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Coretex releases post-mandate ELD satisfaction survey results

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The ELD mandate has had manifold effects on freight markets in the United States, gradually tightening capacity by reducing productivity per truck, spiking turndowns and spot rates for ‘tweener’ routes, and generating an enormous wealth of data that has yet to be operationalized by fleets. It does not appear that a large number of over-the-road drivers left the industry due to the ELD mandate, and, if anything, carriers have started to learn how to manage their fleets in the ELD landscape—the April 1 ‘hard enforcement’ produced much less of a disruption in freight markets than the earlier December ‘soft enforcement’ deadline. 

The ELD and telematics industries are becoming crowded—the FMCSA at one point estimated that over 130 ELD products existed on the market, not all of them compliant—and providers are looking to find an edge over their competitors, whether it’s through innovative low cost pricing structures, superior customer and technical support, or analytics services.

Last week, Coretex, a leader in compliance and fleet management solutions, announced the results of its post-mandate Electronic Logging Device (ELD) satisfaction survey, with responses from 303 U.S. trucking companies of various sizes. 

Fleet owners are starting to come around to ELDs: 47% of respondents answered ‘yes’ to the question “Is the ELD mandate good for the transportation industry?” while 38% said no, and 15% were unsure. 

Trucking appears to be in a transitional phase with regard to the adoption of ELDs: compliance rates are very high, but lingering negative perceptions about ELDs’ impact on driver satisfaction and retention point to an opportunity for further education. Most carriers do not take full advantage of the data their ELDs collect, failing to leverage the data to improve driver behaviors or hold shippers accountable. Only 51% of survey respondents, for example, said that their fleet’s CSA scores had improved since becoming ELD-compliant.

The vast majority of respondents—82%—are satisfied with their current ELD provider, but rated their vendor’s technical support an average of 3.73 out of 5. Fleets said that the most important factors influencing their decision to select a specific ELD product were user-friendliness (29%) and cost (28%), followed by customer service (10%) and real-time tracking (9%). 

The most popular aspects of the ELD were real-time tracking, ease-of-use, and reporting capabilities, while the worst parts of the ELD experience included inaccurate data, connectivity issues, and poor technical support. Most respondents—82%—-said that they preferred an ELD solution they could self-install, and 55% preferred an in-cab screen that could be purchased through the ELD provider (30% wanted to source and buy their own screens, while 15% preferred using the drivers’ personal devices as a screen).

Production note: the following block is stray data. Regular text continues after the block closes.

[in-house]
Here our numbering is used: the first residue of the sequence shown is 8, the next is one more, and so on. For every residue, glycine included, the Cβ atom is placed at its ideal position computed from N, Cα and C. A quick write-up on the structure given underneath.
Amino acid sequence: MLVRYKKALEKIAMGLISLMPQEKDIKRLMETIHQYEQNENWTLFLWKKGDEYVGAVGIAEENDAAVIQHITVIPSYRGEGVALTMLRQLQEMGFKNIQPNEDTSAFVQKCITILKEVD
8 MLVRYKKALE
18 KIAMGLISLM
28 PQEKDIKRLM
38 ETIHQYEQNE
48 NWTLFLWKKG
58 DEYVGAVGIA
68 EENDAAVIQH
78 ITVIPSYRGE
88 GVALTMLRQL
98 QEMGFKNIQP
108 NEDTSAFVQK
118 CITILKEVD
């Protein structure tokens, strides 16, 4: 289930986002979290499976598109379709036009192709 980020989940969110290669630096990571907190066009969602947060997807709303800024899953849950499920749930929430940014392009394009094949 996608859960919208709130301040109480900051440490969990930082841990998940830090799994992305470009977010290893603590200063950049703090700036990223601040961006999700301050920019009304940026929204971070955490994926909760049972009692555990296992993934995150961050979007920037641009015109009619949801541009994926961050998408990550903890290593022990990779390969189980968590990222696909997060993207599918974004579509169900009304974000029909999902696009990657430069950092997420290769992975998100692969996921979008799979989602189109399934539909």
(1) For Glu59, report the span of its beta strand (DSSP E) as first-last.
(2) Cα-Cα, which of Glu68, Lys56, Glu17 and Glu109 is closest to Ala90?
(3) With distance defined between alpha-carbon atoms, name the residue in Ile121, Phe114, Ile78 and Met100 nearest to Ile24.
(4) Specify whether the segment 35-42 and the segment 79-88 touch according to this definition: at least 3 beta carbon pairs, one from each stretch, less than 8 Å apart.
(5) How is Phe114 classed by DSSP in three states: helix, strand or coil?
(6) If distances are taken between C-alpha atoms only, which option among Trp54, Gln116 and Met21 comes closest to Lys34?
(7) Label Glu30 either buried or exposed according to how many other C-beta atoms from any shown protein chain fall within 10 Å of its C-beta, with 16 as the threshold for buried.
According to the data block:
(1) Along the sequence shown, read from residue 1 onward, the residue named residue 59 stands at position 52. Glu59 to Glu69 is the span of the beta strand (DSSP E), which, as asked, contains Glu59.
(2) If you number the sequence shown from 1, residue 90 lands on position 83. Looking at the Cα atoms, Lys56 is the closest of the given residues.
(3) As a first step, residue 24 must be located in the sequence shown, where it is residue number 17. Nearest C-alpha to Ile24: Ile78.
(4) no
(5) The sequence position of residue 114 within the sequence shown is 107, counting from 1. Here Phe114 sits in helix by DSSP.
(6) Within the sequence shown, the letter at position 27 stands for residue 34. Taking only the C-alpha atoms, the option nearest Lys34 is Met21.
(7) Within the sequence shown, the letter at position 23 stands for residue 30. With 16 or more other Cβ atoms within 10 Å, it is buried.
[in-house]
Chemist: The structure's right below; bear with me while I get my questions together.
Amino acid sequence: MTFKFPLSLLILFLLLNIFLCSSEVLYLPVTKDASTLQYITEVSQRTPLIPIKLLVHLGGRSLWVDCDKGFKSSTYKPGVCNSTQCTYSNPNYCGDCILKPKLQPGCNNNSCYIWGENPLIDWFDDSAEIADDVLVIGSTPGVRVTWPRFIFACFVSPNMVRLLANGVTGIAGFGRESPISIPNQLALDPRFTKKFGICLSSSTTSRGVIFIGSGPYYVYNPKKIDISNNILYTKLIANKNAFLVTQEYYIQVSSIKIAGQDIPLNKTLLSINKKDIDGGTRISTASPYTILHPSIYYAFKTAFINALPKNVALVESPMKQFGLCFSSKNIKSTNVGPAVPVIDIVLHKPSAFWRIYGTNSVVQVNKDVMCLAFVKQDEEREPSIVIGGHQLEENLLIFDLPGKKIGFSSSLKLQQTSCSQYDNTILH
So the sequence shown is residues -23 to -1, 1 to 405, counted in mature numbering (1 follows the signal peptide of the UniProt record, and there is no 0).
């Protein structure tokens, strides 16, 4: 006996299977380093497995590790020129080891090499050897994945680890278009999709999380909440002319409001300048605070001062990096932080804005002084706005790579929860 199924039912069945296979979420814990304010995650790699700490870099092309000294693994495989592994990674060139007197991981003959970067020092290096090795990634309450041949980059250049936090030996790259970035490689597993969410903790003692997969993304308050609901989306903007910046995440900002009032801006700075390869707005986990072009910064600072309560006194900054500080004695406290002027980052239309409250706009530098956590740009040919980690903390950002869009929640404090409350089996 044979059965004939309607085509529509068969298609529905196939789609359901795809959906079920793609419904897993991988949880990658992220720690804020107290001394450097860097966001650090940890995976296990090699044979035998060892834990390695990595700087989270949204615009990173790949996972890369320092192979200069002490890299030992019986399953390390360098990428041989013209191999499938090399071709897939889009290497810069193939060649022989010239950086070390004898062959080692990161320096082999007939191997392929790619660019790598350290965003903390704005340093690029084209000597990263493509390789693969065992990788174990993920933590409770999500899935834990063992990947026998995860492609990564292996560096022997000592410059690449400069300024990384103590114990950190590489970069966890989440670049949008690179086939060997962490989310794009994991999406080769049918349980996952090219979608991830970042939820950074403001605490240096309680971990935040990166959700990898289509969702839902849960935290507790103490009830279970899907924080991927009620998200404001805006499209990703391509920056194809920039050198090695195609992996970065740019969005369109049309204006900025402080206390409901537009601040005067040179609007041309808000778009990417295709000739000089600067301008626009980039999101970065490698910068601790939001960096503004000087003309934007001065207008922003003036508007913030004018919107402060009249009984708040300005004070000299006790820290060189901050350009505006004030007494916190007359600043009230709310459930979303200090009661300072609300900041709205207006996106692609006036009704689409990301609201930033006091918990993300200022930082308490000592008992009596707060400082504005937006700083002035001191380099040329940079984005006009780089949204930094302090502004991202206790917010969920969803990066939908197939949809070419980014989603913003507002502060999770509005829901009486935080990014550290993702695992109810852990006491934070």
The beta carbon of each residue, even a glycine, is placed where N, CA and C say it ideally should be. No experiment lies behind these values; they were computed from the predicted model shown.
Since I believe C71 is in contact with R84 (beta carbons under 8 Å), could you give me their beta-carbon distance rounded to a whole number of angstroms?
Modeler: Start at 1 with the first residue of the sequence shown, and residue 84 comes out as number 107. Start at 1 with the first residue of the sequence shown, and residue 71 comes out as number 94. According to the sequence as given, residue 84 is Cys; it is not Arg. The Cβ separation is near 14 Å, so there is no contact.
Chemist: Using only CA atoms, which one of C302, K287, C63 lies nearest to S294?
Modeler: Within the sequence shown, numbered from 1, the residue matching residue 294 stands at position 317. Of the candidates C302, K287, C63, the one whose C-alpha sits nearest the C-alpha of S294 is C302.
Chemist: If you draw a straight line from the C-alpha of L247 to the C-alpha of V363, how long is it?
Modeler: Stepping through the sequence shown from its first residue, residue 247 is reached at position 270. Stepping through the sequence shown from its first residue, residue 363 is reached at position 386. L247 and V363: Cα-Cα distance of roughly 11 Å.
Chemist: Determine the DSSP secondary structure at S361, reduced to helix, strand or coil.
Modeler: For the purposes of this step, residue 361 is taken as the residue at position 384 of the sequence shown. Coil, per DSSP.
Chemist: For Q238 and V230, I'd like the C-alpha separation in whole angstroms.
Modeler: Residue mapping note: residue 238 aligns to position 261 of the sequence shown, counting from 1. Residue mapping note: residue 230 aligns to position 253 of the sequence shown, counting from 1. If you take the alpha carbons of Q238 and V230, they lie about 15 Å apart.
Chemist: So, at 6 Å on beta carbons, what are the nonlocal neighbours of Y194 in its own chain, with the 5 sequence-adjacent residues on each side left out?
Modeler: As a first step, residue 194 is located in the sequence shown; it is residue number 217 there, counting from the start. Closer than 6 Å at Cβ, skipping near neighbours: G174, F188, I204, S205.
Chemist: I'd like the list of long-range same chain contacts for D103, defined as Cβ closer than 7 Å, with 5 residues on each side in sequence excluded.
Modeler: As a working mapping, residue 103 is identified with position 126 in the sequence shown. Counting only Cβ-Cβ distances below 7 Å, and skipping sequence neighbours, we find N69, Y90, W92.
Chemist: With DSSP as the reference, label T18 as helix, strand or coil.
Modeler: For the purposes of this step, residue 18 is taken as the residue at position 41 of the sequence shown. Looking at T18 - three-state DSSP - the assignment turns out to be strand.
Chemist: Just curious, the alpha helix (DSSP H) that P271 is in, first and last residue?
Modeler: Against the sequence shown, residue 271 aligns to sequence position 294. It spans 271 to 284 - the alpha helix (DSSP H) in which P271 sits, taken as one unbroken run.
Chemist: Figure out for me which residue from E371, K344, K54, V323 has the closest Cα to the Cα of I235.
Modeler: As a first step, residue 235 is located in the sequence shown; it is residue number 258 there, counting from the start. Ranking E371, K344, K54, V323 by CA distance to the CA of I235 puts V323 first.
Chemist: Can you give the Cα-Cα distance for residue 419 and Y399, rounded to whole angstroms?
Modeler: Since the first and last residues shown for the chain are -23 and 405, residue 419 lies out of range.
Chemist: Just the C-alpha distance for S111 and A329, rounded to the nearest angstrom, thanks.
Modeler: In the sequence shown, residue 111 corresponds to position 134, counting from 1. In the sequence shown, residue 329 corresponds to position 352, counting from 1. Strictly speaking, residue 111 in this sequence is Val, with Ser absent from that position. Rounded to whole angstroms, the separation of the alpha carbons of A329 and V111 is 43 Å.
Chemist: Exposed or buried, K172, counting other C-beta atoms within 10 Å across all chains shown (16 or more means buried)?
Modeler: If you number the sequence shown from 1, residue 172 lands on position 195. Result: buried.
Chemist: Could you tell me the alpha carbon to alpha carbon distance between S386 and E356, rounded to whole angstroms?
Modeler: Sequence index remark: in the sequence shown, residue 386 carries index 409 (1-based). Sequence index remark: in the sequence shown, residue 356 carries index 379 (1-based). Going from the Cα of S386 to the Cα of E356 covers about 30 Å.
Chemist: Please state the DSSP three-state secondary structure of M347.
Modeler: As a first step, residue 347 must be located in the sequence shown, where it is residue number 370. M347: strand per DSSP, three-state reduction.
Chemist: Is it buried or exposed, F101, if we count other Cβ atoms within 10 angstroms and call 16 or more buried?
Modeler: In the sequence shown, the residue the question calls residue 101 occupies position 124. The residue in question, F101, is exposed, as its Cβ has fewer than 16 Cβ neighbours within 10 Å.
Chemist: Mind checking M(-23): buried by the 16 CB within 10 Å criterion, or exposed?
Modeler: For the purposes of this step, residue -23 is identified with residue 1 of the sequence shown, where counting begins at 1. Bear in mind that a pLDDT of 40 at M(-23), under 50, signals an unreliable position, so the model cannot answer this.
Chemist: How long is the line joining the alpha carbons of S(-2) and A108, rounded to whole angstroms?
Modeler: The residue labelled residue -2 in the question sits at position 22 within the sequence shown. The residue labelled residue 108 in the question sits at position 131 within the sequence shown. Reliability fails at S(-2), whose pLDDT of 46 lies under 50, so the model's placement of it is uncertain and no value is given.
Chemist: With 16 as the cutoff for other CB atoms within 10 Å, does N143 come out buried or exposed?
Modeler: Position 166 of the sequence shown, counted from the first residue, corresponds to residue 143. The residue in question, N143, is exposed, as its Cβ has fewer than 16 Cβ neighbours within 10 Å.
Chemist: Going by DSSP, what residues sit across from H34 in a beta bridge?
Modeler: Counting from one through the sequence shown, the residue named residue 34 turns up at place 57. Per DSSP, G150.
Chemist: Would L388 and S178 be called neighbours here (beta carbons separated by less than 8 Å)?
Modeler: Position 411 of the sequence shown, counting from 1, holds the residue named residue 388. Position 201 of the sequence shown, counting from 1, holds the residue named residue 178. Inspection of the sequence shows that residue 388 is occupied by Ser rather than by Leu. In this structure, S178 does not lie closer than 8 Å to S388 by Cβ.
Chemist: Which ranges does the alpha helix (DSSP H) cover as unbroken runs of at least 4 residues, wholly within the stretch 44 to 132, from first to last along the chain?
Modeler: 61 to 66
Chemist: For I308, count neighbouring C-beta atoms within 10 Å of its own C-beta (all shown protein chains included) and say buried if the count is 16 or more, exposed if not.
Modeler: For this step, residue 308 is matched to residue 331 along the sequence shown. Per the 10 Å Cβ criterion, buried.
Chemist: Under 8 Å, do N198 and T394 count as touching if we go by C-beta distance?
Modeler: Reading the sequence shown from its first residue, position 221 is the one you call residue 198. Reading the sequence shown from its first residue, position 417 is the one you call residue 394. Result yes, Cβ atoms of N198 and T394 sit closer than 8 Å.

The survey produced some interesting findings regarding the business model of ELD providers: 75% of respondents said they were under contract with an ELD provider. Of that 75%, 54% said their contract was 36 months or longer, 35% had a 12-24 month contract, and 11% had a contract shorter than one year. 

Coretex believes that the next step is using ELD data to achieve operational excellence in areas like safety and security, integrated data with TMS, process optimization, and reports automation. 

“We conducted this survey in an effort to gain actionable insights from fleet operators directly impacted by this significant regulatory requirement,” said Craig Marris, Executive Vice President of Mixed Fleets at Coretex. “The survey illustrates that companies, especially those with small fleets, view the mandate as a burden. Yet, now that connected technology exists inside every cab, there is a huge opportunity to utilize this newly captured data to improve efficiencies and productivity for the entire supply chain. It is time for ELD providers to educate the industry on how to turn compliance into a business advantage.”

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John Paul Hampstead

John Paul conducts research on multimodal freight markets and holds a Ph.D. in English literature from the University of Michigan. Prior to building a research team at FreightWaves, JP spent two years on the editorial side covering trucking markets, freight brokerage, and M&A.